Gumming up the Works

In the September 24, 2007 issue of New York Magazine (which I typically thumb through while waiting for the kettle to boil or waiting for The Simpsons to come on), I came across a brief article that rather flipped my switch. Other dissertators I know have spoken of the eerie synchronicity that comes with deep involvement in a project--the sense that somehow everything is relevant, that everything everyone is talking about somehow relates to your own work. Those of you who know me well will know that I already thought everything was about me, dissertation notwithstanding. Nevertheless, even the most hardened amongst you will have to acknowledge the appropriateness of what follows.

Gum, apparently, is proliferating. I've been writing about organizational mechanisms arising subsequent to proliferation, and have even gone so far as to suggest that the rise of the novel is more intimately involved in this than has usually been stipulated. A reading audience with a taste for poems, plays, romances, epics, comedies, treatises, sermons, essays etc. can have their thirsts slaked by the super-enriched vitamin smoothie that the novel becomes over the course of the first half of the 18th century.

But back to the gum.

"It seems that new kinds of chewing gum proliferate daily," Ben Mathis-Lilley writes. "With bodega cash registers now besieged by both the classical brands and tortured-sounding variations thereon. We decided to determine the best of each genre--mint, fruit, and bubblegum--by doing a comprehensive taste test" (62).

If Fielding's comic epic in prose isn't a novelist's answer to Trident Minty Sweet Twist, I don't know what is. The "new" province of writing that he shaped into Tom Jones takes your classic brands (comedy, epic, mint) and combines them with new flavors (realism, moral ambiguity, Sweet Twist). But the point here is that as soon as there is proliferation, or the perception of proliferation (and I have to say I think it was "5" gum that put ME over the top), there follows a need or desire to establish a hierarchy of value. Some critic shows up to read/chew it all up and tell me what I can leave on the shelves with respect to book and gum alike. Wylie Dufresne and Alex Stupak, a chef-proprietor and pastry chef, inform me that in chew-wise the classics are actually the best. So your Iliad is Wrigley's Spearmint and your Margites (if we hadn't lost the thing) would undoubtedly be Bazooka Joe (valued by the critics here for its "classic" flavor).

Between them (both in flavor and on the actual magazine page) in the fruit category is Adams Sour Cherry, which I haven't tried, but which I am nonetheless confident would to an adept synaesthesiac taste like Tom Jones reads.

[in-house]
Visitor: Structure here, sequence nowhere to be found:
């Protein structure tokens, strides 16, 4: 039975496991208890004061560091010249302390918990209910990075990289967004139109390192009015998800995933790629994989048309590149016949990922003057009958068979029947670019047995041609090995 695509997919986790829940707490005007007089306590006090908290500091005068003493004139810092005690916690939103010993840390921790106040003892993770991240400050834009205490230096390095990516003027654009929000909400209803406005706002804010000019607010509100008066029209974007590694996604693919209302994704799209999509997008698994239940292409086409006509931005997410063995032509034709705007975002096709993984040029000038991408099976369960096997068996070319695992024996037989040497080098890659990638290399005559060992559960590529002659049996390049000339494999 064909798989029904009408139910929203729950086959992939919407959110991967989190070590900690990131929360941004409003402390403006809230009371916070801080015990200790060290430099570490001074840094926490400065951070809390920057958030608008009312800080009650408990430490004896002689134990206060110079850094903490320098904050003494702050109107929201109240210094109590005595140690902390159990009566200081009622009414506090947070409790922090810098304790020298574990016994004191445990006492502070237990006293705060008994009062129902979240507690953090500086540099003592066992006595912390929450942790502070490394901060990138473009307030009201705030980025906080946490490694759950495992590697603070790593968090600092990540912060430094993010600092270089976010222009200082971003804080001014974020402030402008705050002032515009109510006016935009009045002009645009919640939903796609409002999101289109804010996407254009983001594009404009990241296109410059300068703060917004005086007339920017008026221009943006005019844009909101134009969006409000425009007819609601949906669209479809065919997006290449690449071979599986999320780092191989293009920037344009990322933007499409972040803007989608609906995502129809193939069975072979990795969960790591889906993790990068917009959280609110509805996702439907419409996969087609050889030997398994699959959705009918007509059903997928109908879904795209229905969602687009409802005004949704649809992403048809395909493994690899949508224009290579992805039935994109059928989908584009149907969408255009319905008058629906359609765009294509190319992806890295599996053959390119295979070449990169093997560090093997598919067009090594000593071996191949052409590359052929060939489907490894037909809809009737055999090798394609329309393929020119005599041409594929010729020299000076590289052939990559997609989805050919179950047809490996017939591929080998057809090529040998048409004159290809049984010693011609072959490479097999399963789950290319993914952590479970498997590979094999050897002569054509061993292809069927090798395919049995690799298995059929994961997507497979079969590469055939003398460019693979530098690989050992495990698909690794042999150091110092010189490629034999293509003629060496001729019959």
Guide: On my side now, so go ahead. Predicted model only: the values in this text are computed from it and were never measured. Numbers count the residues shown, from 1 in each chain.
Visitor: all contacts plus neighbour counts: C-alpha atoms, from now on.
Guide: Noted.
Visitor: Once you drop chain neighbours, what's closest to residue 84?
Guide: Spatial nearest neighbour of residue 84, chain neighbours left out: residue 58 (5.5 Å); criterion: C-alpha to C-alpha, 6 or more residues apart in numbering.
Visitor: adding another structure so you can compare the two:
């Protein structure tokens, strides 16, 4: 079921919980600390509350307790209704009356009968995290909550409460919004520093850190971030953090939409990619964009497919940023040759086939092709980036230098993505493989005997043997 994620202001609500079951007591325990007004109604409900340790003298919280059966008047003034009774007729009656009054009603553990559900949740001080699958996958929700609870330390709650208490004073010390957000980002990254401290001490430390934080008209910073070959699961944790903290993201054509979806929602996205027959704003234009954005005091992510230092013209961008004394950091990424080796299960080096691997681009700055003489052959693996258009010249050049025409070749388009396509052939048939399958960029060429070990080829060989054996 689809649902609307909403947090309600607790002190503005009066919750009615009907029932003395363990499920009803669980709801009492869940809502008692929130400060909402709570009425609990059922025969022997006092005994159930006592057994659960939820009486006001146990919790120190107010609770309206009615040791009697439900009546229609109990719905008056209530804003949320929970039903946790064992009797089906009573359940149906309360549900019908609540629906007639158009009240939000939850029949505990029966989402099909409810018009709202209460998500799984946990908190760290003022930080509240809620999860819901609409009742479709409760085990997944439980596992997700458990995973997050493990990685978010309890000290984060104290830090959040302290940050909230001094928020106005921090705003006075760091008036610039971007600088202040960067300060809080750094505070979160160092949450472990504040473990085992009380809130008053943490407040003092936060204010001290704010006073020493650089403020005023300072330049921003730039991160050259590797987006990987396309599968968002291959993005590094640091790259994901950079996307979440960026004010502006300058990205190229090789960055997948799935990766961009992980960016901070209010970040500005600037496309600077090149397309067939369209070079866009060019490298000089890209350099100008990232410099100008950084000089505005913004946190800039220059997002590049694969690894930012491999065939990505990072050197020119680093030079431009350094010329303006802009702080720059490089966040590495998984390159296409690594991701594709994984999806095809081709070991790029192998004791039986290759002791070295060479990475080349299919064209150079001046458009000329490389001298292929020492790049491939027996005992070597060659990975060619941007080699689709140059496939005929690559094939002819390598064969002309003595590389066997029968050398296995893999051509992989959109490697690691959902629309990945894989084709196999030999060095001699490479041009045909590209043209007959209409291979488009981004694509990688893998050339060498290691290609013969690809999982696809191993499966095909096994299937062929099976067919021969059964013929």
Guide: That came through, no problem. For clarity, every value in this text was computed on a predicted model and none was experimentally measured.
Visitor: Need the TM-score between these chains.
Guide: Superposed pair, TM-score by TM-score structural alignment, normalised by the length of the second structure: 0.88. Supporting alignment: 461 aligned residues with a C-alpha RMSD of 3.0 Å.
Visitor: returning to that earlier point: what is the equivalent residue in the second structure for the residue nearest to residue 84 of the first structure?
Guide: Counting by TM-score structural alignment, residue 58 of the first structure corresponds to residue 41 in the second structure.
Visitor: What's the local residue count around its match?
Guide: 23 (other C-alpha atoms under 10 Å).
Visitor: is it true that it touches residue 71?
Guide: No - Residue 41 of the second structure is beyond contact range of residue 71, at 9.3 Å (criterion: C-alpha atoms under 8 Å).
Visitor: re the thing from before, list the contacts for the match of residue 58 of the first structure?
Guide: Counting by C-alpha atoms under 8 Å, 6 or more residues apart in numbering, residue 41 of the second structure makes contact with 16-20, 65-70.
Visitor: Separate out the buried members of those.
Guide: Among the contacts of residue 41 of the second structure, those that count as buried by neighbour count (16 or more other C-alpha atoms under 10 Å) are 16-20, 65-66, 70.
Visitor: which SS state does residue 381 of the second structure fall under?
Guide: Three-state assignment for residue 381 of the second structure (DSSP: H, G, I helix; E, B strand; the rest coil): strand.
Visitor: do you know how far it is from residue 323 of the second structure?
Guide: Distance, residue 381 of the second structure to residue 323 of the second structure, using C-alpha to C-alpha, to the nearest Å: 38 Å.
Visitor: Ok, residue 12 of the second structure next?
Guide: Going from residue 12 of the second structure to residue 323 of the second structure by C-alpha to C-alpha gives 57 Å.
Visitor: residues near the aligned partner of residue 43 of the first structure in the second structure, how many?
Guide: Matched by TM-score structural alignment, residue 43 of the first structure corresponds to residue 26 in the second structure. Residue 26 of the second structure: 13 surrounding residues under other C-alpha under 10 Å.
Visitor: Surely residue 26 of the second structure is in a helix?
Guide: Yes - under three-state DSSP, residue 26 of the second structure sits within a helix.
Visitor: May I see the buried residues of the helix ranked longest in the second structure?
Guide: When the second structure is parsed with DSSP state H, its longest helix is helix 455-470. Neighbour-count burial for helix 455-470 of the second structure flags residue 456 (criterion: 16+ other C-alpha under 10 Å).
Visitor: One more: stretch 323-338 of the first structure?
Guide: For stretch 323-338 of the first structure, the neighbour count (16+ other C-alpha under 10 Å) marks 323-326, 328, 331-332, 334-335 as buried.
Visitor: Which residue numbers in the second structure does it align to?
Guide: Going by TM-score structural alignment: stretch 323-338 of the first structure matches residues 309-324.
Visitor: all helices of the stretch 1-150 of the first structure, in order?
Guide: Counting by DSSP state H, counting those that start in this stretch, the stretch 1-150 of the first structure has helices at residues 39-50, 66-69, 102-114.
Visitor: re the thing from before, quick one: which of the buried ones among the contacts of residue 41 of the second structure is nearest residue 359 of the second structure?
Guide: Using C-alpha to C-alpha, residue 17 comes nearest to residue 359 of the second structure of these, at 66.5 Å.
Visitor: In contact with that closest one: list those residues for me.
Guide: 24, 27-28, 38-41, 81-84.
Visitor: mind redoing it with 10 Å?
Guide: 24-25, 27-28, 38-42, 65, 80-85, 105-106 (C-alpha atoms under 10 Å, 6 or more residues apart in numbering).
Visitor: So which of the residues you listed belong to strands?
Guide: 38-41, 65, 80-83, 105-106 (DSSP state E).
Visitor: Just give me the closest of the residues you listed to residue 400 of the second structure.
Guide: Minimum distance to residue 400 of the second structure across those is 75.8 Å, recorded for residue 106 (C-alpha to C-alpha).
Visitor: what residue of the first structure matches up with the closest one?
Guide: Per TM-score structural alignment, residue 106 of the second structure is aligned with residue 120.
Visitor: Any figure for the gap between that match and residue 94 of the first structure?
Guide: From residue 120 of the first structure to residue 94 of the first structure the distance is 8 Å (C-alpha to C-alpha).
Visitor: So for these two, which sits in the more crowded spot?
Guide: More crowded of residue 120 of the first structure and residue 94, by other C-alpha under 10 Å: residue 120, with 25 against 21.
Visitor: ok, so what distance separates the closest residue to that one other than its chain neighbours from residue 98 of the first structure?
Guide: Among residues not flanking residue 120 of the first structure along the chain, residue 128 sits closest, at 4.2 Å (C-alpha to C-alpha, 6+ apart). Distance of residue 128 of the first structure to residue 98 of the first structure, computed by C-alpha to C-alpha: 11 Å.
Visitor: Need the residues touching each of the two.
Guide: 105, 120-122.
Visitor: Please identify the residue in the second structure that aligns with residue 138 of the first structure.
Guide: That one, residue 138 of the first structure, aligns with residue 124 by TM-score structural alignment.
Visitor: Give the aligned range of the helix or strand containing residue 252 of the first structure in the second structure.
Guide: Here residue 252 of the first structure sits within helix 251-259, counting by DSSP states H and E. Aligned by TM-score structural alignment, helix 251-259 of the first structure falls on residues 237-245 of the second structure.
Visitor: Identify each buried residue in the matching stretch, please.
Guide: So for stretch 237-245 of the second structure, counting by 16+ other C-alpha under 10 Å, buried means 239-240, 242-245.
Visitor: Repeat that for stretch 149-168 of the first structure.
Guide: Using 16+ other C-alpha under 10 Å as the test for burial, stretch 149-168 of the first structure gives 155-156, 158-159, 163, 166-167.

All other gums--and books--you can discard as being both literally and figuratively beneath your taste.


Anonymous said...

Leah Price gave a talk at Columbia a year or so ago. She is such a nice person and such a great speaker! I have her book but have only read through the first 30 pages. It strikes me as a great example of how the most minute idea can germinate and transform the way you think about a period and the relationship between its books and its readers...as your dissertation is sure to do!

Scriblerus said...

Leah Price's book is great--perfect structure, I thought. A good model for a dissertation. That being said, I do have some problems with it. I think it leaves out the encyclopedia (of course) and doesn't draw clear enough lines around what constitutes an anthology. Though perhaps I don't draw clear enough lines around what I call an encyclopedia.

We're both interested in information overload, that much is clear. I was surprised, though, that she left the 'pedia completely out of her project--especially as Tristram makes so much of it. Clarissa might be an anthologist, but Clarissa has more in common with the encyclopedia--teleologically driven systematicity makes all the difference. The subsequent abridgment of Clarissa and like long texts (though much shorter texts were abridged, too) was certainly crucial to the "rise" of the novel, but I am more convinced by her marketplace stuff than anything else. When Richardson writes about showing the "Connexion of the Whole," whether in reference to Clarissa or his book of extracts, he's talking encyclopedia, not anthology.

In any case the word "collection" was common to both and is made to bear a lot of weight in the largely undifferentiated eighteenth-century generic continuum.

Thanks for your vote of confidence re: my diss, btw, but right now I don't think it'll be fit for anything but the pie-shop.